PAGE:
Iran Update: Number 156

• IAEA team holds talks with officials in Tehran; plans return visit
• EU agrees on oil embargo against Iran
• Sanctions recap– Obama signs freeze on Iranian government property in the United States
• Officials exchange visits in Israel and the United States

IAEA team holds talks with officials in Tehran; plans return visit

On January 28, a team of officials from the International Atomic Energy Agency (IAEA) made a three-day visit to Tehran. The team was led by IAEA Deputy Director-General Herman Nackaerts and included senior nuclear weapons experts Jacques Baute and Neville Whiting. The purpose of the visit was to address possible military dimensions to Iran’s nuclear program and was to possibly include a visit to Fordow, the underground nuclear facility at which uranium enrichment most recently commenced in Iran. Iranian Foreign Minister Ali Akbar Salehi gave positive remarks about the IAEA visit, even offering to extend its duration. Although Iranian officials praised the talks as ‘constructive and positive,’ Nackaerts stated that there remained ‘a lot of work to be done.’ Reports indicated that Iranian officials had not answered some of the questions raised by the November IAEA report, and the IAEA team had been denied access to sites and personnel, notably Mohsen Fakhrizadeh, an academic thought to be heavily involved with the Iranian nuclear programme.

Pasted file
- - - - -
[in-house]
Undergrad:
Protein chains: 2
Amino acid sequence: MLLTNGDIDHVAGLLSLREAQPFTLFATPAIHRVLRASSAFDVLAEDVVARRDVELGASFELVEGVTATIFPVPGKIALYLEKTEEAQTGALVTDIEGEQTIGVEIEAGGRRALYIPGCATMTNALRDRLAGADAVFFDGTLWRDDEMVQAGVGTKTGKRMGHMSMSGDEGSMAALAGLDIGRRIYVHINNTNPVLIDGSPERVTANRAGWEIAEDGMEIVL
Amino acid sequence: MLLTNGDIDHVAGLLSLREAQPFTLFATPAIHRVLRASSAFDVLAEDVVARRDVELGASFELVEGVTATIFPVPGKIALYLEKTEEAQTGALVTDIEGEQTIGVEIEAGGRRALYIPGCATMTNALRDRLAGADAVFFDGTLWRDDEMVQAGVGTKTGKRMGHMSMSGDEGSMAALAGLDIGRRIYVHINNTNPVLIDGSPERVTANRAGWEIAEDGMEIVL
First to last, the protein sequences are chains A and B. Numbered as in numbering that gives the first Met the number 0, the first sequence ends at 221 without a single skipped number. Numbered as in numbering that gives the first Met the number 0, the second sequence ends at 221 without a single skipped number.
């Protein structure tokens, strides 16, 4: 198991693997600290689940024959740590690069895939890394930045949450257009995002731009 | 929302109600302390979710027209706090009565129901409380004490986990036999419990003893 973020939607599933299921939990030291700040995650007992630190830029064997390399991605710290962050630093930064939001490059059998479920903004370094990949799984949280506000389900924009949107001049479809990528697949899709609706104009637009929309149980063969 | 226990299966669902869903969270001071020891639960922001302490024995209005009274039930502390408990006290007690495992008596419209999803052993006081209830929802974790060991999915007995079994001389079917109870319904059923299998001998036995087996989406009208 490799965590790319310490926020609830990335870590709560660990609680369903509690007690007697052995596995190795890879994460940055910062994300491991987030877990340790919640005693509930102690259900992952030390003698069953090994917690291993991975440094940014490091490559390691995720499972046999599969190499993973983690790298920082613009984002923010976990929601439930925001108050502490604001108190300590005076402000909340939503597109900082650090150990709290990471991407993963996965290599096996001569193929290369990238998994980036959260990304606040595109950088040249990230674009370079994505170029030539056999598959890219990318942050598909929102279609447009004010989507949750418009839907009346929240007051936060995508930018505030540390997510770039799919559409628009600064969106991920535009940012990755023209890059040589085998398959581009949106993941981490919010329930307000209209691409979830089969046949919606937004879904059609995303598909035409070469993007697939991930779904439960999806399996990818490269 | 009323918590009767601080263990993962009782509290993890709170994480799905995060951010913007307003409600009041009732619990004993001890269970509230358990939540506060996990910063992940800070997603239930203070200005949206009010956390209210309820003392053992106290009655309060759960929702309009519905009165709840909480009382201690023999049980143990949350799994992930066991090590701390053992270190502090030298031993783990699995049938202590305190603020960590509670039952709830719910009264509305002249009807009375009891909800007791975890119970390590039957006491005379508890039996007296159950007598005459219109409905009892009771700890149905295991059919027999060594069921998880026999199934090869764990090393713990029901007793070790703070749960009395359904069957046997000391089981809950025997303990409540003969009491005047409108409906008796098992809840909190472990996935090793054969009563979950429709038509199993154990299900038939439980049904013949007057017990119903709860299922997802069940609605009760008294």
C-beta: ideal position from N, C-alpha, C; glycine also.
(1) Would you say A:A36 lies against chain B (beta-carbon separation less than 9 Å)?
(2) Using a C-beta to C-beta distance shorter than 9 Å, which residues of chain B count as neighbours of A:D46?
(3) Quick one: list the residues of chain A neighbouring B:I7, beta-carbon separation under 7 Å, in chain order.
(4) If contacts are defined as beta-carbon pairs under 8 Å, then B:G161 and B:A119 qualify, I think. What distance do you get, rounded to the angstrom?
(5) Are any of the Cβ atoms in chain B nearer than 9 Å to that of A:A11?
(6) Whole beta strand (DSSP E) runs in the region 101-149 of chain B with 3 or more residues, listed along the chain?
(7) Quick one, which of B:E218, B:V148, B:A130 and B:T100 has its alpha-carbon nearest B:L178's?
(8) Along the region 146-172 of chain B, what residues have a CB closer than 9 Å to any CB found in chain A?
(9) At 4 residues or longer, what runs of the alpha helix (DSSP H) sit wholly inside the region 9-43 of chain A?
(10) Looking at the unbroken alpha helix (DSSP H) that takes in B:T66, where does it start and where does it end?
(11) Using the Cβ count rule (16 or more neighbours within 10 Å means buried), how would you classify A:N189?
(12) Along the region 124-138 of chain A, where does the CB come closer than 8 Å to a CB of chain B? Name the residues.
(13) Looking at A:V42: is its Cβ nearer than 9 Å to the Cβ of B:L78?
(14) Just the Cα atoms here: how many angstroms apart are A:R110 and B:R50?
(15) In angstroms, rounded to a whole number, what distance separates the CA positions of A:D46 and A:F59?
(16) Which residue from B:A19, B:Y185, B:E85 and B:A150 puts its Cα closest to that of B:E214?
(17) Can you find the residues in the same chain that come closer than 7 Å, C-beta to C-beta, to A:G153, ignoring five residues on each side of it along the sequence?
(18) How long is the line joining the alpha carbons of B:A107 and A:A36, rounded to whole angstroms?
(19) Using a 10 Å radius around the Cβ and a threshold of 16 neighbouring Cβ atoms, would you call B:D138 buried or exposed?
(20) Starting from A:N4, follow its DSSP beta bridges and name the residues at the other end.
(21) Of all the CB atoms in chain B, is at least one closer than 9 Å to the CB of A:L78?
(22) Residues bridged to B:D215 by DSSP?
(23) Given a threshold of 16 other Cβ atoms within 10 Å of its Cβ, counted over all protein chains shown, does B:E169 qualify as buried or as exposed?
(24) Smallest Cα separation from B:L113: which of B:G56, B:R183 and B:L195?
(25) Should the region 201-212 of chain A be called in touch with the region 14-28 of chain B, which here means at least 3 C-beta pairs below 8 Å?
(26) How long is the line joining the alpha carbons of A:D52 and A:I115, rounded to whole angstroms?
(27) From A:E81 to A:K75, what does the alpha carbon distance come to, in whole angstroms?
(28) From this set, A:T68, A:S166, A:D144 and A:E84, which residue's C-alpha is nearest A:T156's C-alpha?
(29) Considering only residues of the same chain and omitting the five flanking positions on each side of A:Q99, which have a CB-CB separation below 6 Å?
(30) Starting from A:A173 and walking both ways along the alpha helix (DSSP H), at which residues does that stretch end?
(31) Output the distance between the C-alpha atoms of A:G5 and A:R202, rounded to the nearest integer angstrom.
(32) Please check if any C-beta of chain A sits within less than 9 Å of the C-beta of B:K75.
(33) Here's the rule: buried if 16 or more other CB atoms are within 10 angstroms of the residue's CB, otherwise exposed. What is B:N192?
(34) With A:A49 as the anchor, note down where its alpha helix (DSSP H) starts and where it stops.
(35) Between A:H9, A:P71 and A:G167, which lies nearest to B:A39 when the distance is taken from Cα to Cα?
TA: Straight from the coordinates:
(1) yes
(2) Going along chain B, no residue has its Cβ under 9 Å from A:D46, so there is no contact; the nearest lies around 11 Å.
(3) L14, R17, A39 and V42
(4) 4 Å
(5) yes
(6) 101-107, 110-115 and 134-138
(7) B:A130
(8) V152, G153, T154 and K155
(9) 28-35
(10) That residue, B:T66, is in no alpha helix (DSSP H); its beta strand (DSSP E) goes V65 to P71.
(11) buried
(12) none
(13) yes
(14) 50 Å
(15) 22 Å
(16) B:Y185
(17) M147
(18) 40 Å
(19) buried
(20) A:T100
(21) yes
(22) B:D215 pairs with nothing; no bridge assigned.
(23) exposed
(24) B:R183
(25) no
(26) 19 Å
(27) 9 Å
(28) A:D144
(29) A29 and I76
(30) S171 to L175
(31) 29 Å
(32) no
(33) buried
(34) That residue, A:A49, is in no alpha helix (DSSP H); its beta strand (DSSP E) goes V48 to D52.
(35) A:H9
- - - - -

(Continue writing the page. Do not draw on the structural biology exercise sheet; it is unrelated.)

American and European officials branded the IAEA visit a ‘failure,’ believing that Iran’s leaders were simply buying time and resisting international pressure. Further talks are scheduled for February 20-21.

Also at the end of January, Foreign Minister Salehi claimed that Iranian scientists would soon install locally-fabricated fuel plates enriched to 20 percent to power the Tehran Research Reactor (TRR), which is used for medical purposes and under IAEA safeguards.